Tag Archives: environment

Caring, Cooperation Save People from Pollution Scourge

If you live in the U.S. or some other country with strong rules for clean air and water, the most polluted places in the world seem far away. It’s likely your neighbors don’t have radiation poisoning or barrels of pesticide festering in the backyard.

But those in low- and middle-income countries are not so fortunate. They bear the brunt of almost all the cancers, disease and other afflictions caused by pollution. Children are especially vulnerable.

Fortunately, the Global Alliance for Health and Pollution connects needy nations with sources who can help. “GAHP exists so countries don’t have to deal with pollution on their own,” according to Richard Fuller, president of Blacksmith Institute for a Pure Earth, one of the NGO’s partners. “There are terrific results where countries have done the right things,” adds Stephan Robinson of Green Cross Switzerland.

Here are some success stories from a new report, The Top Ten Countries Turning the Corner on Toxic Pollution: Continue reading

Places that Help People to be Durable

Portland Sherett Neighborhood

If you want to be more durable in body, mind and spirit, it helps if the place where you live supports your efforts. Are there sidewalks in your neighborhood? Maker faires and meetups nearby? Is it easy to be active and follow your curiosity?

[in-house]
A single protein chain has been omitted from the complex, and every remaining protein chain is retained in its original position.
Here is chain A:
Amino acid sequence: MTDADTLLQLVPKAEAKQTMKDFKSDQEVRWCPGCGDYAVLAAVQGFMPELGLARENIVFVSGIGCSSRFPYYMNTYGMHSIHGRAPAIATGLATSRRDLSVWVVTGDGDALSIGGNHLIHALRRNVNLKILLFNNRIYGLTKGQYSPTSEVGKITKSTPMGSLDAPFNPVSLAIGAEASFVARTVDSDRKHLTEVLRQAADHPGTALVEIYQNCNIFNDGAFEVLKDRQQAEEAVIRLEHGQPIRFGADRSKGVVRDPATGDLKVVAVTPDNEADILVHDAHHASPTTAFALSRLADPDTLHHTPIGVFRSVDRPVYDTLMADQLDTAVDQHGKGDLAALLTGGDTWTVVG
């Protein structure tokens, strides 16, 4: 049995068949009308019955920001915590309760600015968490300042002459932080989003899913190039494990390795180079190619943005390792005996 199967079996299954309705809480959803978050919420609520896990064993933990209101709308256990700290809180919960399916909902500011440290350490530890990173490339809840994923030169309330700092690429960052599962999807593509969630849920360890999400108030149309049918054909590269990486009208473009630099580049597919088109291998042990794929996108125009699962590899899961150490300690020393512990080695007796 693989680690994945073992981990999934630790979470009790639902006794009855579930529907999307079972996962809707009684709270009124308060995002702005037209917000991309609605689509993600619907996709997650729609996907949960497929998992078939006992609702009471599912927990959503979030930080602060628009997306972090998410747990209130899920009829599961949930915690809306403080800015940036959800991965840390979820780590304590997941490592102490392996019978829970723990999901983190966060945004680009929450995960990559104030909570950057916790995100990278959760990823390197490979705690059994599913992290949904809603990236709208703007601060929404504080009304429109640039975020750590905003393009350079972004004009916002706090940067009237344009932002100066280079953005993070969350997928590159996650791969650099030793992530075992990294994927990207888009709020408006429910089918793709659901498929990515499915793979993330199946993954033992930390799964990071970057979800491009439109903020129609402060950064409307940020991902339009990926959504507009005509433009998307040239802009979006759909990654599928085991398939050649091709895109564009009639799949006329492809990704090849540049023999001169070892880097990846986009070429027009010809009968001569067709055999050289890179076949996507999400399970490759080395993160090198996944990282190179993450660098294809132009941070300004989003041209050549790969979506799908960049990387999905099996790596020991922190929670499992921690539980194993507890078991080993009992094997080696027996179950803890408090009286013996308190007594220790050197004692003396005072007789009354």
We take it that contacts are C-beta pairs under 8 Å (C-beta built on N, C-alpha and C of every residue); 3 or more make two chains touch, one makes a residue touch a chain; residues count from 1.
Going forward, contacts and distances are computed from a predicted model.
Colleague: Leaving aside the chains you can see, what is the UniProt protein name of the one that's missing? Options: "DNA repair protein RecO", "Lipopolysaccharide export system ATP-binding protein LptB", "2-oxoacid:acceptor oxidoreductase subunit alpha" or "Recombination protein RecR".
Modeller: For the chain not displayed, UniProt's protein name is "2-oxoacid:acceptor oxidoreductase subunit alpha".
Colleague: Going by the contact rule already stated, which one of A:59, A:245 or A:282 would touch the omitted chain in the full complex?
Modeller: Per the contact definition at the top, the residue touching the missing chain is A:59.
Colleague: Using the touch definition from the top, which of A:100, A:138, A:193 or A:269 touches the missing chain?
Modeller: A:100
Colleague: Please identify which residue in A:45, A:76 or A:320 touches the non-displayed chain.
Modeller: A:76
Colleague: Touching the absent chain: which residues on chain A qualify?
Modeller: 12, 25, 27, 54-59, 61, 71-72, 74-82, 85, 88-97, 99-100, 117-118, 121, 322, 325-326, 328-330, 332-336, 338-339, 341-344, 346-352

The new website Urbanful made a list of “cities to watch” whose “horizons are glowing especially bright.” But, if Merriam-Webster defines durable as “staying strong and in good condition over a long period of time,” is the future looking good for their residents, too?  Continue reading

Train Your Brain to be Happy

Young man has head resting on golden retriever's shoulder

Athletes do endless drills to qualify for the Olympics. It takes practice to perfect any skill, whether calligraphy or coding. Now, it may be possible to train your brain for an ongoing sense of well-being.

“There is a lot of evidence that the technologies of the 20th and 21st centuries may have made us more productive and able to do more stuff, but we are not happier,” claims Ofer Leidner, developer of Happify.com. But his creation uses technology “as a means of creating happiness and human to human interaction.” Games and activities on Happify are grounded in science proving that repeating certain behaviors can reroute pathways in the brain to make happiness a habit. The goal of using his platform, says Leidner, is to obtain “a set of skills to use and apply.”

Continue reading